Sting steamrolls through 20 years...
The air is dry as Friday's sun sets, illuminating with lingering light the stage at Jupiter's Temple. A growing audience settles in as the Beatles blare from the speakers. ''Some songs never age,'' smiles my neighbor. That's what most of the audience is counting on, I'm assuming, as they wait, biting fingers, clutching hands, for the appearance of one of pop-rock's most celebrated icons. Despite his 20-year solo career, Sting still has trouble escaping from the 1970s, when he burst onto the music scene with the Police.
One wonders, looking at the ''bastard'' crowd, as my neighbor puts it ''young, old, hippies, Frenchies'' how well they know Sting, or whether they're simply drawn by the big name. Certainly the girl in front of us is a bonafide fan, as she rattles off her latest Sting sighting at a hotel in Zahle that morning. ''They wouldn't let us get an autograph,'' she frowns. ''Oh but he's so cute!''
Quarter-to-nine and the 49-year old star emerges as the last fans settle in for Sting, even the most cultured make it on time kicking off with 'A Thousand Years' from the 1999 album 'Brand New Day', which has lent its name to the tour.
If the crowd is unfamiliar with the tune, no one minds. In a matter of minutes, even the worst curmudgeons the ones asking enthusiasts to sit down and stop dancing have started dancing themselves. By the band's second song, the better known 'If You Love Somebody Set Them Free', Baalbek's 4,500-plus guests are up on their feet and waving their arms.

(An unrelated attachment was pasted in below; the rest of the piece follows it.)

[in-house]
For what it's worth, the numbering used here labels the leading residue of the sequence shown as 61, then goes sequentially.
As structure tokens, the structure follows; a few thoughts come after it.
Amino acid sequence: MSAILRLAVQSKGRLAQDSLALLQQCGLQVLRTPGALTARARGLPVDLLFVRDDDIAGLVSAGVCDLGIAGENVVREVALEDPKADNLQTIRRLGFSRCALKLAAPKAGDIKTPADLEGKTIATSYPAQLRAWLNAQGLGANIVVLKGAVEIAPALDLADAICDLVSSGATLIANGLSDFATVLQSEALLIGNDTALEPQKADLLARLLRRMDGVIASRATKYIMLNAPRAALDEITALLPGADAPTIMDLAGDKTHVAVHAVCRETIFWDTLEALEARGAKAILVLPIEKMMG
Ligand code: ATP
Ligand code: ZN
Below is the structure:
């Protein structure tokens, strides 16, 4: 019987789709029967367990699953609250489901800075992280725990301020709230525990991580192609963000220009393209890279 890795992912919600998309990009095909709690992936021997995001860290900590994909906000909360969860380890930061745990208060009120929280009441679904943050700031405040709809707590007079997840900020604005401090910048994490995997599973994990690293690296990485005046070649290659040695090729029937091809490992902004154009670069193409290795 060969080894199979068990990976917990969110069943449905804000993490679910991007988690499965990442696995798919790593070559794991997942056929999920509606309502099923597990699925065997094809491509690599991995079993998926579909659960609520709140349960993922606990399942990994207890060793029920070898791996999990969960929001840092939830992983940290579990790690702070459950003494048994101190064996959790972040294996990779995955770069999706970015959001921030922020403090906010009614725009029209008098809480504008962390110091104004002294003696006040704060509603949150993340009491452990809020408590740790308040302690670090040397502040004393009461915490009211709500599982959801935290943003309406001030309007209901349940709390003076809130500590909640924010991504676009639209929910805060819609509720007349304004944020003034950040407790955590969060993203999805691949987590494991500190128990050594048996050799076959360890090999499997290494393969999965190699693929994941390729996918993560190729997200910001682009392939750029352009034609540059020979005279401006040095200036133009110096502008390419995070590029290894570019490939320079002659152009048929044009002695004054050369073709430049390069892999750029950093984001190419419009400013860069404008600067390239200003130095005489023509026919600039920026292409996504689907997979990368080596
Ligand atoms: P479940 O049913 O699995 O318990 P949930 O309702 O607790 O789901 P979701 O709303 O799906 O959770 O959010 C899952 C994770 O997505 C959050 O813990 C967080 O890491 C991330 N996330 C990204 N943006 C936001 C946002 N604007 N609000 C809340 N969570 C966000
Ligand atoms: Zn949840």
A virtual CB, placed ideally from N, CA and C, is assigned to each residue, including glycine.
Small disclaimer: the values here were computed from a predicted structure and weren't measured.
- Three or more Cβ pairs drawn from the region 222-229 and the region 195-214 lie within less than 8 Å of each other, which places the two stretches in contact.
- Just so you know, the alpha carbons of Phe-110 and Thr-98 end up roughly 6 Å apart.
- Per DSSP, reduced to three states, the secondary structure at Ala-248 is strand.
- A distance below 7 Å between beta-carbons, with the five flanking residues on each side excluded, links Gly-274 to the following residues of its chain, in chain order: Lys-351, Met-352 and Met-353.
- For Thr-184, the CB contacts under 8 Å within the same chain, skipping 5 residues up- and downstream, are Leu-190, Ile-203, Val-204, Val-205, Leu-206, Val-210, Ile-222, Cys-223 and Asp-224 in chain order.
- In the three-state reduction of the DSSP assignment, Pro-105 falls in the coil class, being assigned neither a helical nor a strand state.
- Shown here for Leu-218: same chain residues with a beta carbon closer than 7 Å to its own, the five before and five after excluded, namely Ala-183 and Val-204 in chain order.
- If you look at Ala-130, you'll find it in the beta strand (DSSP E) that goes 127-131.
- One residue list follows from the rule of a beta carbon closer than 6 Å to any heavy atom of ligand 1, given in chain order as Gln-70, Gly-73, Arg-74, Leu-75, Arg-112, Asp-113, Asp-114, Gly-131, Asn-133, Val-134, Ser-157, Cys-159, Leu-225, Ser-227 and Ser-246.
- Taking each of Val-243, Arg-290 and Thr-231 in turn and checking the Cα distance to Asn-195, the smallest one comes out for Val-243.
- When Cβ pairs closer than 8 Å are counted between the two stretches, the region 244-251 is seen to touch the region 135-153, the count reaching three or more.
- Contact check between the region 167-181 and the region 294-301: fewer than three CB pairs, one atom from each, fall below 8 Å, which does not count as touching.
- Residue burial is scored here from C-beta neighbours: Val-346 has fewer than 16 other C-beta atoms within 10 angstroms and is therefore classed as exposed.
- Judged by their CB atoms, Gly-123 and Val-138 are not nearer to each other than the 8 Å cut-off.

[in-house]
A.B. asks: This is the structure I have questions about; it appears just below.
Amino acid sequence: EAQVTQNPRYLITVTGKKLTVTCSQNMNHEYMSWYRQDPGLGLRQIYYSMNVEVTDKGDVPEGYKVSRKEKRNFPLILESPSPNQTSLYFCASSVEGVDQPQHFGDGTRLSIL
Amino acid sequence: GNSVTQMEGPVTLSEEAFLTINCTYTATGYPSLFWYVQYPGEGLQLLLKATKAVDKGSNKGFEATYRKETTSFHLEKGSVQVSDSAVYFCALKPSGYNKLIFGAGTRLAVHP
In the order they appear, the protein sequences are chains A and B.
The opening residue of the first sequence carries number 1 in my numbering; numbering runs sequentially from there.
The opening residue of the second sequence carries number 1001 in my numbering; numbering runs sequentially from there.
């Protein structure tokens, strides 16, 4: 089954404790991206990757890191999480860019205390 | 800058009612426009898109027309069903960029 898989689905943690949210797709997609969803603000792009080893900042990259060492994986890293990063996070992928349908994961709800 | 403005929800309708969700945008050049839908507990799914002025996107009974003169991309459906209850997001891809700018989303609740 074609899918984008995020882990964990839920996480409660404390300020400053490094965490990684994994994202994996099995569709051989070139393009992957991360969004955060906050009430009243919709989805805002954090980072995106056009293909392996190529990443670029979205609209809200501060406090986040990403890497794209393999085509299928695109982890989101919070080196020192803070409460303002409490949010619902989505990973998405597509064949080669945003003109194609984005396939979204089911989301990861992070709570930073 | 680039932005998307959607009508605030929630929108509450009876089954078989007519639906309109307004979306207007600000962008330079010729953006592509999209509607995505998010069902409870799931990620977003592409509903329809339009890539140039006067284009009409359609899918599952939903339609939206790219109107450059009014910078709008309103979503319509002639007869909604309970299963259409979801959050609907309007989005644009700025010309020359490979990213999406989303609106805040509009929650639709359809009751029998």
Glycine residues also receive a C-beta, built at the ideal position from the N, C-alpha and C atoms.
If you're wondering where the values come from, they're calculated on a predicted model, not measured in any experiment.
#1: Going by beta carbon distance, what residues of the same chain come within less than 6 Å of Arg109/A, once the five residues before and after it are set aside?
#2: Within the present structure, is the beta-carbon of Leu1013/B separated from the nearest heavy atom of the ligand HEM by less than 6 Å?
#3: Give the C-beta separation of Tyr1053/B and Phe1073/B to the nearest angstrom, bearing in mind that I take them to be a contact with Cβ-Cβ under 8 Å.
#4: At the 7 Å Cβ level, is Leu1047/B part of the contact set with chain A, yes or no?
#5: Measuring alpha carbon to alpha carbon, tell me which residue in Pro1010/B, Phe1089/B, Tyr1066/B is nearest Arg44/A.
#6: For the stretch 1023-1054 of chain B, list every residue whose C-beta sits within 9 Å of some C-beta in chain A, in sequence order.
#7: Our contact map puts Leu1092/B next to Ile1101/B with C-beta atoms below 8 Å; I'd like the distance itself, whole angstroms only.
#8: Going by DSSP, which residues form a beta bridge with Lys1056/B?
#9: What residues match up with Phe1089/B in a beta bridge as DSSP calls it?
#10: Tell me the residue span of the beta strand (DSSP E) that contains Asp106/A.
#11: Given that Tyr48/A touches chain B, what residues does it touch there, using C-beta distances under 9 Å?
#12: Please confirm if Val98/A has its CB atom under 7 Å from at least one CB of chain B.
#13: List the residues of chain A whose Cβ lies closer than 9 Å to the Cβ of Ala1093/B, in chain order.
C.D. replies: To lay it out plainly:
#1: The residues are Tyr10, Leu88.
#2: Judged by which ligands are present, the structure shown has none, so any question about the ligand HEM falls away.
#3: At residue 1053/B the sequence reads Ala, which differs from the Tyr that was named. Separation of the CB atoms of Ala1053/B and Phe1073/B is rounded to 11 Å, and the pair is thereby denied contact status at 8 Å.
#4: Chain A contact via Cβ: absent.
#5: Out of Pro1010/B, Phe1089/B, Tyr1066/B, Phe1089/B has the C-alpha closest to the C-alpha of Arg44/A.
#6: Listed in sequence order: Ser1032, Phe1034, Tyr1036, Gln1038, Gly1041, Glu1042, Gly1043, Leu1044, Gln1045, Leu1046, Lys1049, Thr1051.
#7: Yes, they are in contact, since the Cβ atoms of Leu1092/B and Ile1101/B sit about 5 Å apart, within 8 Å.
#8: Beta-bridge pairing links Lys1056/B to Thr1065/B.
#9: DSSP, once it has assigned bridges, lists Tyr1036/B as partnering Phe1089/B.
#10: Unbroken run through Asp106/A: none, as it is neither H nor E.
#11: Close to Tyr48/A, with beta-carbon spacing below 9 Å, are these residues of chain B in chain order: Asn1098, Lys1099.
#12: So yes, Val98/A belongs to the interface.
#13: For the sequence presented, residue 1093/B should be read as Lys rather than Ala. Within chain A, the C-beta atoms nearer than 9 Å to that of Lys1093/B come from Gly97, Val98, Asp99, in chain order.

From there, the concert never slows. The six-member band steamrolls through two decades of Sting's solo songs at a pace giving the audience no chance to sit. Lebanese durbake player Paul Avanian joins the band for 'After the Rain Has Fallen'. He and the band's drummer, in knit hat and sunglasses, then erupt into the French rap 'Perfect Love...Gone Wrong', another release from 'Brand New Day'.
The concert appears flawless no sound breaks, no black-outs. When Sting kicks into 'Mad About You', a song about ''the region'' he once said, the audience sings along, or at least joins in with vocal enthusiasm.
The only frustration seems to be Sting's avoidance of Police songs (never mind that it is a 'Brand New Day' tour and Sting has been solo since 1984) as evidenced by the pleas of some audience members to ''play the Police!'' Sting finally does, with an upbeat rendition of 'Every Little Thing She Does is Magic'.
But the highlights of the show come in the idiosyncrasies of songs that may not have been so familiar. In the jazz influenced 'Moon Over Bourbon Street', Sting spotlights his trumpet player, who explodes with a flurry of scales. Sting's vocals, known for their wide-ranging intervals and clarity of tone, never falter as he and his trumpet player play off each other's skills. With all six band members at times joining in for harmony, the background is tight, every song full.
The set list is poignant: 'Desert Rose', Sting's Arab-influenced new release which to the disappointment of the crowd was performed without Rai singer Cheb Mami wafts through the venue with eerie aptness. After an encore of 'If I Ever Lose my Faith in You', followed by 'Every Breath You Take', Sting returns for a second encore in which he starts off solo with 'Message In a Bottle', a Police song about abandonment and the loneliness of being unheard. His final song, 'Fragile', bears an unmistakable message: ''That nothing comes from violence, and nothing ever could, lest we forget how fragile we are.''
Ending after two hours, the only complaint of the evening was that the concert was too short. As we're herded into the buses that will bear us back to Beirut there's no doubt, between the pushes and the shoves, that everyone from Police aficionado to Sting worshipper has just left one of the best shows of the summer.
(c) The Daily Star by Amal Bouhabib